The stranglehold that the industry exerts over research is causing increasing alarm in medical circles as evidence emerges of biased results, under-reporting and selective publication…
In cancer, heart disease, mental health and related fields the industry has sponsored trials of new drugs which have held out great promise for patients. But when the same drugs have been tested in independent trials paid for by non-profit organisations – governments, medical institutions or charities – they have yielded different results.
Heart drugs prescribed for abnormal heart rhythm introduced in the late Seventies were estimated to kill more Americans each year by 1990 than the Vietnam War. Yet early evidence which suggested the drugs were lethal, and might have saved thousands, went unpublished.
Expensive new cancer drugs introduced in the last decade and claiming to offer major benefits have increasingly been questioned. Evidence published in the Journal of the American Medical Association showed that 38 per cent of independent studies of the drugs reached unfavourable conclusions about them, compared with just 5 per cent of the studies funded by the pharmaceutical industry.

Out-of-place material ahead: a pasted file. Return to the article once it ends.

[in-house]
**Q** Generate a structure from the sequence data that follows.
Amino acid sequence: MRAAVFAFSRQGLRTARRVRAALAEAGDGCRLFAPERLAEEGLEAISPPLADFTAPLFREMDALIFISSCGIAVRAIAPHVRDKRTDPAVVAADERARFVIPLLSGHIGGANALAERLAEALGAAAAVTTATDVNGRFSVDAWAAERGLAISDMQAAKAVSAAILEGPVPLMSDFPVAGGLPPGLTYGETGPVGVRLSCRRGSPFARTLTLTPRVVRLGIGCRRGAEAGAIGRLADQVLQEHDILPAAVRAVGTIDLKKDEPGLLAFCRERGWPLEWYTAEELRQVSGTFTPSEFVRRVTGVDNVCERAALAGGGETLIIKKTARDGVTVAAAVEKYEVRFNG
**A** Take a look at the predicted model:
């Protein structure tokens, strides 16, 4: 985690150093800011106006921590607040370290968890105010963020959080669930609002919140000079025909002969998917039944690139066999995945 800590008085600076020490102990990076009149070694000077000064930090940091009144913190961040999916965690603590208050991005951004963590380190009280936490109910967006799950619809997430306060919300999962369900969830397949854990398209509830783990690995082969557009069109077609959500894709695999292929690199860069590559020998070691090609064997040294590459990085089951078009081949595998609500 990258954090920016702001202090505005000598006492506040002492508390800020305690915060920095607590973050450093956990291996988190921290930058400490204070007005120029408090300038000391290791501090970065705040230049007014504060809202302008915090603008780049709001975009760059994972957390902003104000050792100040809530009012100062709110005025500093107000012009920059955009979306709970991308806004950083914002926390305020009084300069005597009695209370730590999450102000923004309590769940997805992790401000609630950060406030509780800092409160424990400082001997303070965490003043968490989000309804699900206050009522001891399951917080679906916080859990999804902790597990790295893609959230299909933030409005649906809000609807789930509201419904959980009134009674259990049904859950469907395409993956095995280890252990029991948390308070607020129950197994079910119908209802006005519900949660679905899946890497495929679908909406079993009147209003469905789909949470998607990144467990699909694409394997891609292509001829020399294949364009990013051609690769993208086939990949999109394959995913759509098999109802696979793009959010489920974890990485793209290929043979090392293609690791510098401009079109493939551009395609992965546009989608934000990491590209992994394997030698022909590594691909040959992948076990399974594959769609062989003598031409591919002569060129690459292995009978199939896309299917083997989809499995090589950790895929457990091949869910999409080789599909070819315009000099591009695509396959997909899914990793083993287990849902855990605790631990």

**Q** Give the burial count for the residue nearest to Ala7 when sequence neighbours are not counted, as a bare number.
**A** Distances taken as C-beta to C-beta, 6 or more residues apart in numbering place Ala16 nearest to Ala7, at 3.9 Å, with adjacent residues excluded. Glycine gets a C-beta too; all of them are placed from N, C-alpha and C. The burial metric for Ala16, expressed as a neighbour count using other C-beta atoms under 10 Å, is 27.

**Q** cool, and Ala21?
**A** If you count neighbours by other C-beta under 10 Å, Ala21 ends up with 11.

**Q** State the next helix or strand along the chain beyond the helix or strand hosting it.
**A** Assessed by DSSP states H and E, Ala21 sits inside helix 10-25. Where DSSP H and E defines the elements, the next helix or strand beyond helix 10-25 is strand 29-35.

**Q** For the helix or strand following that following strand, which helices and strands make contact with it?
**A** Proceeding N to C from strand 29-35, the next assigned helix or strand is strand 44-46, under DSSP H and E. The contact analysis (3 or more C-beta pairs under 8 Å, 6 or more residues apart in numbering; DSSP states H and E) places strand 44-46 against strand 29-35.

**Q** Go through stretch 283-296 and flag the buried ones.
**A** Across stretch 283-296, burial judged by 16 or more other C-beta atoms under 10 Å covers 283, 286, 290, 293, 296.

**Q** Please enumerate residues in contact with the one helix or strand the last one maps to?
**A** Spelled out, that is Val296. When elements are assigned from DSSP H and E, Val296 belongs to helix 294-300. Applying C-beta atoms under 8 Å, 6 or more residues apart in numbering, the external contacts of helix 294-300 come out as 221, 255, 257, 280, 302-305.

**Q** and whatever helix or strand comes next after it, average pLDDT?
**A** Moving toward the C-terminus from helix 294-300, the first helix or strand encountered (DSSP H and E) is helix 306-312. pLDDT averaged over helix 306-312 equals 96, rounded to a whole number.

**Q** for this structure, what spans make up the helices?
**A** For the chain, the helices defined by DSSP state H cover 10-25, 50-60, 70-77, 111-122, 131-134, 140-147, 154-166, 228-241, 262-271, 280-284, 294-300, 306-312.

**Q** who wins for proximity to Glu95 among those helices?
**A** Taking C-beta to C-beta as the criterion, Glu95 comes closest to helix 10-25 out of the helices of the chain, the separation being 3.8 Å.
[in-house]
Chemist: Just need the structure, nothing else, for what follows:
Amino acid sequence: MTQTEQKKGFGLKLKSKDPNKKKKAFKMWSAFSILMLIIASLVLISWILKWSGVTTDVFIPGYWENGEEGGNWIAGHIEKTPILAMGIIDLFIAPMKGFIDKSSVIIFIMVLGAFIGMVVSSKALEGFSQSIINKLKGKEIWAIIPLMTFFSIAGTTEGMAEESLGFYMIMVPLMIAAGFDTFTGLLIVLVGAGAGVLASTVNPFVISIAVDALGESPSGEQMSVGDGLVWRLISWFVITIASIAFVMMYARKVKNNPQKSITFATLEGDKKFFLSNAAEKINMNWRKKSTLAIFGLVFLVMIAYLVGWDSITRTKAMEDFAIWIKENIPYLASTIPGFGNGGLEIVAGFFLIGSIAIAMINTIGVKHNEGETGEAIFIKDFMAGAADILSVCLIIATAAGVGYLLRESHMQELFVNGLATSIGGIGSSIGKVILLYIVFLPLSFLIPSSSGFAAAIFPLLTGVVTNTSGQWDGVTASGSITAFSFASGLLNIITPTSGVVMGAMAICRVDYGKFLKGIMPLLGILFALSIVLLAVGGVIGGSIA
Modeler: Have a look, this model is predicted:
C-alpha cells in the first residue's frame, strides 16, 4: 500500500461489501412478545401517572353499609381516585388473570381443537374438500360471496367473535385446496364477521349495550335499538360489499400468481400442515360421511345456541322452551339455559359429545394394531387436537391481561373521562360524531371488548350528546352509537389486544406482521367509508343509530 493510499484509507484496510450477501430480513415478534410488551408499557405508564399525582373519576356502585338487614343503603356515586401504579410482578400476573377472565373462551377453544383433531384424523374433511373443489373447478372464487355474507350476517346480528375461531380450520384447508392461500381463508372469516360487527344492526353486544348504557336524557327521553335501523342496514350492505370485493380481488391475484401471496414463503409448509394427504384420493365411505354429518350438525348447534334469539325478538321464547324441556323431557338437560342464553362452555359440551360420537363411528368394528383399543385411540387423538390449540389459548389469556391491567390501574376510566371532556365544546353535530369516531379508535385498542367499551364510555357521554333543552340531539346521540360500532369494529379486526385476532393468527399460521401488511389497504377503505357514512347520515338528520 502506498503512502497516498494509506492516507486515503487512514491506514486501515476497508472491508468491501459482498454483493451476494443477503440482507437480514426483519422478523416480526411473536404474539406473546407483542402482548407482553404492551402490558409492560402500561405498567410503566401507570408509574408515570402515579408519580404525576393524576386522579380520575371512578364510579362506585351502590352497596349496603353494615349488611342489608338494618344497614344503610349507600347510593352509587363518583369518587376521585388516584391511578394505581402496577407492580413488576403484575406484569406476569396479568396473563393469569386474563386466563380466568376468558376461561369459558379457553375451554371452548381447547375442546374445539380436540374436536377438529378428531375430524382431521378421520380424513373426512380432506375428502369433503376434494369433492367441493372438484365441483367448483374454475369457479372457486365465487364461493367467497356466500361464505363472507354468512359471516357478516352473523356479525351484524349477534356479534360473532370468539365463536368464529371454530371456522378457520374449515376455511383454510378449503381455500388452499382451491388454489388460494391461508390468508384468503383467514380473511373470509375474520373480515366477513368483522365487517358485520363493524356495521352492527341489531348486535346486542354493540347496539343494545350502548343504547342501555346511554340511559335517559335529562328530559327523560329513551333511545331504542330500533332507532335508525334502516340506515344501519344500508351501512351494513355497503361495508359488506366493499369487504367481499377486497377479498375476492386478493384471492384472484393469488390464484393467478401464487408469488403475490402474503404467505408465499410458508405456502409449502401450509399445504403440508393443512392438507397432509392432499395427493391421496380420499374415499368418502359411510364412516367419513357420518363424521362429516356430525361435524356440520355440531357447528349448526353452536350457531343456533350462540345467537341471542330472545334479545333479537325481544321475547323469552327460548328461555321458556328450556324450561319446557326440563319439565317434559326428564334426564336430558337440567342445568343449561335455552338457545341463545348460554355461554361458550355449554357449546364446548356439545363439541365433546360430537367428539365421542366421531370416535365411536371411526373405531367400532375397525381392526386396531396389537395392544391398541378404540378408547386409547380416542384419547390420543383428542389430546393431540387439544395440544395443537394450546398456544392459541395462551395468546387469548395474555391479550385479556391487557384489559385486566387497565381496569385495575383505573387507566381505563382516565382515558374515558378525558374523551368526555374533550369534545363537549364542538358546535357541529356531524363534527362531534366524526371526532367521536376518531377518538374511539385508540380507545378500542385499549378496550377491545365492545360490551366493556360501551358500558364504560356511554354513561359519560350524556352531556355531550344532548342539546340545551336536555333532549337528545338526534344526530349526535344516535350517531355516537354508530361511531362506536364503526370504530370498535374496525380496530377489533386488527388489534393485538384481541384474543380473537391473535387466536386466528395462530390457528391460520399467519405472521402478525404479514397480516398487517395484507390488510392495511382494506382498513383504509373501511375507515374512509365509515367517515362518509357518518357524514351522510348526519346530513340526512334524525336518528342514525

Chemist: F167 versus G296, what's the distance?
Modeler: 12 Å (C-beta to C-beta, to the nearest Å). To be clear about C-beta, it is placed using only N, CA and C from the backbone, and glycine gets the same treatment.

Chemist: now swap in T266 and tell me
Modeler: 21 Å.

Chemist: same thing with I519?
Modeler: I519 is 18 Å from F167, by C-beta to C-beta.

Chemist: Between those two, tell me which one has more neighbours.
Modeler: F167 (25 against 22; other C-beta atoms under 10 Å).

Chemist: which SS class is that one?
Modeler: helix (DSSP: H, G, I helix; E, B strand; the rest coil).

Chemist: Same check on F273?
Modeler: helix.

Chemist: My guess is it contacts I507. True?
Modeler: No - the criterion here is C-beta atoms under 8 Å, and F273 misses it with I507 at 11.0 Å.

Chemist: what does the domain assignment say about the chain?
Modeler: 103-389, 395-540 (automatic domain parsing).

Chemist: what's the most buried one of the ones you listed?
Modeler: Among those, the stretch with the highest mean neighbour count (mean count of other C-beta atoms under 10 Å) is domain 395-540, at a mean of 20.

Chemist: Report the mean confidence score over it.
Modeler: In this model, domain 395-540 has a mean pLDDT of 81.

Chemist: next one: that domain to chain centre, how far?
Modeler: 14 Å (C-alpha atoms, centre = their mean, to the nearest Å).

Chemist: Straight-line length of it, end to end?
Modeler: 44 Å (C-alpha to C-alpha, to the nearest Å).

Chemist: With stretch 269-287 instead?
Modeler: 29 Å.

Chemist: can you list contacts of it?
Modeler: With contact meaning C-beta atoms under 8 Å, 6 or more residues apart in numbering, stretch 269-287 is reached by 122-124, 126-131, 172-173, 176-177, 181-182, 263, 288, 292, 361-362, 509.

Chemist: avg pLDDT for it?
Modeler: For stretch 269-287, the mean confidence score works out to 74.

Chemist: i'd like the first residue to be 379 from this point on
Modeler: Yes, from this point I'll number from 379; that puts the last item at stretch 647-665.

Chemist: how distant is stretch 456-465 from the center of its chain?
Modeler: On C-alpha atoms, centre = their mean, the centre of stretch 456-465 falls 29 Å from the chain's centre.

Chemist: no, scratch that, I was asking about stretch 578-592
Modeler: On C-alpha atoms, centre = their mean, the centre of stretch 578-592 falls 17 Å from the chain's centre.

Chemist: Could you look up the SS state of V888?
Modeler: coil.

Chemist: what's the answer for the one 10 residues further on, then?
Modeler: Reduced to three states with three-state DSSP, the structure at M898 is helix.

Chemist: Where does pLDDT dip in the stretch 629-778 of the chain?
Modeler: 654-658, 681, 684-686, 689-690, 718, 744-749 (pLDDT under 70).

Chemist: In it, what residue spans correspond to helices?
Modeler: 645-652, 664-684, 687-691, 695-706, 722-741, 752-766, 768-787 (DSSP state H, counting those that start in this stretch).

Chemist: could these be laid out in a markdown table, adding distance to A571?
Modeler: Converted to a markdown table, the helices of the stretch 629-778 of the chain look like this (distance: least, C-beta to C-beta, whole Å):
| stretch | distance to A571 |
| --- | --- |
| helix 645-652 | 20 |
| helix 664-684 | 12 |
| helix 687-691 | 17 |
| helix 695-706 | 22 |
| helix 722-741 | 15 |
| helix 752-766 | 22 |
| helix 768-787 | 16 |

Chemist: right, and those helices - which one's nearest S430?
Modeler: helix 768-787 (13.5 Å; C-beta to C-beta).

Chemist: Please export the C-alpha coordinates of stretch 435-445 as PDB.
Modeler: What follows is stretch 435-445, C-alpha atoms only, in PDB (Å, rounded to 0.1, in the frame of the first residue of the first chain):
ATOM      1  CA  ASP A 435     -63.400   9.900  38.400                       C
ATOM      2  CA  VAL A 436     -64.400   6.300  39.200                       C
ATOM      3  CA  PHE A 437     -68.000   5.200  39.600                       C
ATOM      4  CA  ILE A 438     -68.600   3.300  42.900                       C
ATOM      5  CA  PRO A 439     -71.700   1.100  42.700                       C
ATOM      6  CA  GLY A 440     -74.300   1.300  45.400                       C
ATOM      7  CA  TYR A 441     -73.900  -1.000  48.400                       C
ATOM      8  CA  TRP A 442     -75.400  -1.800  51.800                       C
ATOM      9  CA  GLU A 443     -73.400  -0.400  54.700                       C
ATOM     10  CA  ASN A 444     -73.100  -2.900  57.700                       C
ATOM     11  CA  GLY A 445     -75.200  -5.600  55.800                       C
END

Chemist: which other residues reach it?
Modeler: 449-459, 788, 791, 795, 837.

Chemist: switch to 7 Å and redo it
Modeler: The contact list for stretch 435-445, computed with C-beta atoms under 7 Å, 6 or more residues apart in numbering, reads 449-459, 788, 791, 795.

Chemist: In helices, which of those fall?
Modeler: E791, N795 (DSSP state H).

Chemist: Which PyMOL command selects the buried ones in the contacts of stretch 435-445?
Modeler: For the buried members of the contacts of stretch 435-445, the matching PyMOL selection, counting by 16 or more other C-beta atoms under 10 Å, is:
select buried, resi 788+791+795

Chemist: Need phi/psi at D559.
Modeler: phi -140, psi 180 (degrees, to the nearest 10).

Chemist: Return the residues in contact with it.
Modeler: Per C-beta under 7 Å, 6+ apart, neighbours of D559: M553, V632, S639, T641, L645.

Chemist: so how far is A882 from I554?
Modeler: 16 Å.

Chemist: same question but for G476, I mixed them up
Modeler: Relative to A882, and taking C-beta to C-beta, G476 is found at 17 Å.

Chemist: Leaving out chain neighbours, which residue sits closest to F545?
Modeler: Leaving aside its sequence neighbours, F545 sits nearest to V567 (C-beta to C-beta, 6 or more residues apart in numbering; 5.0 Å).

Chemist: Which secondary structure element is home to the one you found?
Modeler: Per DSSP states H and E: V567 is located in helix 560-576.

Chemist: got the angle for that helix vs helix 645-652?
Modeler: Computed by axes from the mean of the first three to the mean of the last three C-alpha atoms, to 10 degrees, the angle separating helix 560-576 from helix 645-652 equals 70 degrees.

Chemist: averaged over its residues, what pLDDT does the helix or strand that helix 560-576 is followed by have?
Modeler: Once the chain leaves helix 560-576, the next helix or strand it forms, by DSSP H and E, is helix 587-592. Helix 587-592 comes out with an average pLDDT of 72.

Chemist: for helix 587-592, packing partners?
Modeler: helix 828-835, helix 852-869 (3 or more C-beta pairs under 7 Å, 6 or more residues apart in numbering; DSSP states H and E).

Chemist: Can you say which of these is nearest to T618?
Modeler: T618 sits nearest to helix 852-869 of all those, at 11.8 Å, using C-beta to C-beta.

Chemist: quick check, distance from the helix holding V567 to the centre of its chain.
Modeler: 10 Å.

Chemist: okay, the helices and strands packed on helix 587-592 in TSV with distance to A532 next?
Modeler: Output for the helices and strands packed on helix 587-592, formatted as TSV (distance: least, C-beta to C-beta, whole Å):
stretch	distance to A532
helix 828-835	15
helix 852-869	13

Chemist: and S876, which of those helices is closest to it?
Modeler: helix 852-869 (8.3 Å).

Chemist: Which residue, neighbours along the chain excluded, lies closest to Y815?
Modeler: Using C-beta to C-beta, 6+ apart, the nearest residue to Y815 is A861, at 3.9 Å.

In the latest case, researchers commissioned by the National Institute for Clinical Excellence (Nice) to develop guidelines for prescribing antidepressant drugs to children, say they were refused access to unpublished trials held by the pharmaceutical companies.
Published evidence suggested that the antidepressant drugs called SSRIs (selective serotonin re-uptake inhibitors) were safe and effective for children.